Aldridge was never allowed on the Covent Garden stage again and for a century this effectively eliminated him from the official histories of Shakespeare, which focused on the ‘main’ theatres. However Aldridge, rejected by the establishment, was embraced by radicals and working-class audiences: within days he crossed the Thames to the Surrey Theatre in Lambeth, where posters celebrated the scale of his achievements: “A man of colour performing Othello, on the British stage, is indeed an epoch in the history of theatricals”. Slavery in the colonies was abolished in August.
In 1833 Ira Aldridge was seen as either a pariah or a hero, but perhaps an earlier episode offers a more subtle picture of the role of the theatre in the history of race relations…
Oil on canvas, c1826, by HP Briggs. (Granger, NYC/Alamy Stock Photo)
Aldridge in Coventry
Back in 1828, Aldridge was still making his name. The manager of theatres in both Birmingham and Coventry, Mr Melmoth, decided that an “African Roscius” was a marketable curiosity: “Most Extraordinary Novelty, a Man of Colour”. That January he first presented Aldridge at Birmingham in the musical melodrama The Slave, soon followed by Othello. The theatre was usually closed after Christmas and houses were thin, but the press had a story to tell. “We were greatly astonished,” said the Birmingham Gazette. “We were totally unprepared to meet with a performer” who could challenge criticism at the highest level – who “possesses a voice… as fine, flexible and manly, as any on the London stage”.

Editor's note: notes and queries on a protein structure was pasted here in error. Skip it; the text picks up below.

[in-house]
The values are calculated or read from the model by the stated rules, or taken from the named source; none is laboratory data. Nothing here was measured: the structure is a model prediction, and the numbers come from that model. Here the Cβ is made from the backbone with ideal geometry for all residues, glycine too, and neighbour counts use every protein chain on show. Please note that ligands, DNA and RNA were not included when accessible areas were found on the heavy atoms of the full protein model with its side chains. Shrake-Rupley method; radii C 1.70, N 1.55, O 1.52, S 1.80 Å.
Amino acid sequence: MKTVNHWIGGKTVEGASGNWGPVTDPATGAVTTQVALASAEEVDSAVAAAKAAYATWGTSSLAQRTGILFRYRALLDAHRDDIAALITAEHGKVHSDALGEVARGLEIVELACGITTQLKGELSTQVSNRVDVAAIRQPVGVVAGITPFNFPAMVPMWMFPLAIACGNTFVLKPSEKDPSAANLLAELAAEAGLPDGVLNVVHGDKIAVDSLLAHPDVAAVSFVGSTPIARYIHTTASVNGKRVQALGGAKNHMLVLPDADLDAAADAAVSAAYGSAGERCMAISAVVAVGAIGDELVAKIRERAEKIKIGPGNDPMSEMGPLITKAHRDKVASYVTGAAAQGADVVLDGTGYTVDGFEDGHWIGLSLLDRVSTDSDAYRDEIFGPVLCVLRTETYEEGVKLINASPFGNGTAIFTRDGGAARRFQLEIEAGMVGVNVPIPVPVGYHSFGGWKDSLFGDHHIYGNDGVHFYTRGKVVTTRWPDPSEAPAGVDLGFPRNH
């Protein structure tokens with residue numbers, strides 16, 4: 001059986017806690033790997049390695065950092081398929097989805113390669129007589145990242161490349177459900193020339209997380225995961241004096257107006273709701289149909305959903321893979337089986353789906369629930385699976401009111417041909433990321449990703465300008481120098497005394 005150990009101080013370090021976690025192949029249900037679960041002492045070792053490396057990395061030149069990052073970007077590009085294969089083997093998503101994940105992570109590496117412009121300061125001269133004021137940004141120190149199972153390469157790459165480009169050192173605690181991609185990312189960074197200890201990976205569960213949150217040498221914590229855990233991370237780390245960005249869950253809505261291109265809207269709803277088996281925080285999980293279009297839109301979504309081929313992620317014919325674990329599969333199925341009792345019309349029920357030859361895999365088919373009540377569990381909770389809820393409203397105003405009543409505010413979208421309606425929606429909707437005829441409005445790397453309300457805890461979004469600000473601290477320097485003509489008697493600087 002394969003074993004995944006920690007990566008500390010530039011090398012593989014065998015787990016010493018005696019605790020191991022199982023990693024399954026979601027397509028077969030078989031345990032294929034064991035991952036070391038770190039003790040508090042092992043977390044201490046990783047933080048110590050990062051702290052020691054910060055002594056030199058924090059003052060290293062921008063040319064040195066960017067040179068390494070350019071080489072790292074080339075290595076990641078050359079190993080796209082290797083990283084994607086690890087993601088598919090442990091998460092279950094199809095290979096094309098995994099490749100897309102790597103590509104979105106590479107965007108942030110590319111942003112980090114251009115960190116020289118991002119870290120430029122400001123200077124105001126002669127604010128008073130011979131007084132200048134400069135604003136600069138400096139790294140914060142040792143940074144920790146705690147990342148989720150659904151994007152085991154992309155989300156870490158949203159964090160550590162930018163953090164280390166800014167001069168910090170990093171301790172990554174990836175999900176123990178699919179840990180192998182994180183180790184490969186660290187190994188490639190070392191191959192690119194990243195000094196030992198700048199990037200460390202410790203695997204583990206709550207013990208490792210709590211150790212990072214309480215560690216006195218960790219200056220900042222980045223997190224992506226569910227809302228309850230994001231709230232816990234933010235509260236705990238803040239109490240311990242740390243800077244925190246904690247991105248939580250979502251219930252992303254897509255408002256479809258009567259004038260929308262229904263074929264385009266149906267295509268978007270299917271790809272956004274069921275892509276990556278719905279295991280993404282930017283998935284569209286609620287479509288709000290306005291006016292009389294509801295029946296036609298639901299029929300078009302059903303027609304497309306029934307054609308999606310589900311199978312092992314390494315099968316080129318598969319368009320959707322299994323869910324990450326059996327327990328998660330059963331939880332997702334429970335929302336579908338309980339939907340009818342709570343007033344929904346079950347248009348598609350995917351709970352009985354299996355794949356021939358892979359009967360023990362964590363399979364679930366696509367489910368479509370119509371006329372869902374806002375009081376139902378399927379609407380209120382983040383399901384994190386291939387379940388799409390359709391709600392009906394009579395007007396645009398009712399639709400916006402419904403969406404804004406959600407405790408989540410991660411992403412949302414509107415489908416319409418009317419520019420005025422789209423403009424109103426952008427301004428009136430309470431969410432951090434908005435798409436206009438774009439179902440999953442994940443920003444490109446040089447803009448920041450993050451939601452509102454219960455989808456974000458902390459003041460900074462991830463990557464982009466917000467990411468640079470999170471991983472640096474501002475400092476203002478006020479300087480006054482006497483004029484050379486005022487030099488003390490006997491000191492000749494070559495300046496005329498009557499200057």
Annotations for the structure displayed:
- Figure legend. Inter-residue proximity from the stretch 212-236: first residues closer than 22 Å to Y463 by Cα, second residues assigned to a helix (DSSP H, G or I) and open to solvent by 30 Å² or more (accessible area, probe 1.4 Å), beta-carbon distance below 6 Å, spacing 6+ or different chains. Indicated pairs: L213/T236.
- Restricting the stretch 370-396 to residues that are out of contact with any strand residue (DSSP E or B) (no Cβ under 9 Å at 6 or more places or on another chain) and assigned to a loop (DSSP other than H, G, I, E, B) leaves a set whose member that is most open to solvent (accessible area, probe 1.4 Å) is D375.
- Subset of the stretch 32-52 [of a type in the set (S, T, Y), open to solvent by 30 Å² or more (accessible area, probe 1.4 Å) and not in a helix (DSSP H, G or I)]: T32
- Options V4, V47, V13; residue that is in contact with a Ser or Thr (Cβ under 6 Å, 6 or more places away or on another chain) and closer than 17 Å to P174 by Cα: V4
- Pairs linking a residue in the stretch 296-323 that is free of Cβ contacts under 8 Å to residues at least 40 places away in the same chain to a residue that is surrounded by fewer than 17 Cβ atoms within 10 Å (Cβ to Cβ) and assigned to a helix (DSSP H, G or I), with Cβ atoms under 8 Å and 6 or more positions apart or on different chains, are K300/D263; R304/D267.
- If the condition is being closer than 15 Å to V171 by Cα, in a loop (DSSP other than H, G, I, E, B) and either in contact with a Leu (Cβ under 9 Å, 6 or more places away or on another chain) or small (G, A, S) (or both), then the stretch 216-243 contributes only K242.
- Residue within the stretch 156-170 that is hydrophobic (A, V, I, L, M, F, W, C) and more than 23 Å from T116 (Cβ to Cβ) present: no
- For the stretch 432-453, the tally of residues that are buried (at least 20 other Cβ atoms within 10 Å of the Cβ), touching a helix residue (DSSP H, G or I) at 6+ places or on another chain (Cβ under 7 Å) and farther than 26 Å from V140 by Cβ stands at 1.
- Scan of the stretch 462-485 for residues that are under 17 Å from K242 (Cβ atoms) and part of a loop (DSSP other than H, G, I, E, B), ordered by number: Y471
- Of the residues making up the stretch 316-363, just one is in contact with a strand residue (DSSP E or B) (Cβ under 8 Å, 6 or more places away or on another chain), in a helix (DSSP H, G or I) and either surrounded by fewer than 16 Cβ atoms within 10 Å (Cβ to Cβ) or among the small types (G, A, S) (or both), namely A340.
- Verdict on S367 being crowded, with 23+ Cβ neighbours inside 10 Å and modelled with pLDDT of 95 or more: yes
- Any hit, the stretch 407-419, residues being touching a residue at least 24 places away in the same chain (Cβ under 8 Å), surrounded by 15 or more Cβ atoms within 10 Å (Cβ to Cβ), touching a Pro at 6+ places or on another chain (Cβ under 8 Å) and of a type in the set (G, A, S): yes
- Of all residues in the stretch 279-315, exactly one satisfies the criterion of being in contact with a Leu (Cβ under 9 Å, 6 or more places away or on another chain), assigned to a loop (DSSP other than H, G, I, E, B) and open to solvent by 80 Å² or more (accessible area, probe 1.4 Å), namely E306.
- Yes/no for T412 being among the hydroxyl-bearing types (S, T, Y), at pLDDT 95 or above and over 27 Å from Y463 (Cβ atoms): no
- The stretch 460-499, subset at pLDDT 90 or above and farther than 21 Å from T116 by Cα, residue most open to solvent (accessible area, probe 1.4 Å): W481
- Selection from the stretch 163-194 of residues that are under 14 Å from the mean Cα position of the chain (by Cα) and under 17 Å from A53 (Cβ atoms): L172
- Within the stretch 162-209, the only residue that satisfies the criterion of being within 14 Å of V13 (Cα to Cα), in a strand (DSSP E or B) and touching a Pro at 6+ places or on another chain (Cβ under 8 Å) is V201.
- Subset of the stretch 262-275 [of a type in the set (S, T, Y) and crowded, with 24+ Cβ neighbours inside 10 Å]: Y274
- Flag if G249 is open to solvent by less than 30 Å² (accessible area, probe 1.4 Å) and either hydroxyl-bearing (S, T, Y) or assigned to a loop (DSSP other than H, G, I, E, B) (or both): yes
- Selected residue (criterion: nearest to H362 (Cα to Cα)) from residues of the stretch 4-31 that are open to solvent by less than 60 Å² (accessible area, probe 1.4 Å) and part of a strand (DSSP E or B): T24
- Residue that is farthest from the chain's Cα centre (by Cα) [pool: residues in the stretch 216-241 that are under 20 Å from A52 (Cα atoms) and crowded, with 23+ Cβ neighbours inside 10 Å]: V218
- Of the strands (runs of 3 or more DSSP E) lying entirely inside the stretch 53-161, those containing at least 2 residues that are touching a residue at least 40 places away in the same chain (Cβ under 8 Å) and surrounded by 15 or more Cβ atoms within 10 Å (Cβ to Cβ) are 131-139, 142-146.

“His display of intellectual power,” said the Coventry Herald, “gives the negative to those physiologists who argue for the inferiority of dark races”. Actually the Herald printed “superiority” by mistake but after a run of acclaimed performances it made amends with a social invitation to the “man of colour”: “Should he appear in town, as we are told he intends to do, as a stranger and foreigner we heartily wish him success”.
Aldridge did appear in town and was very well received. By the end of February 1828 – with slavery still flourishing in the colonies and in the USA – Ira Aldridge was the manager of the Coventry Theatre. He was not yet 21.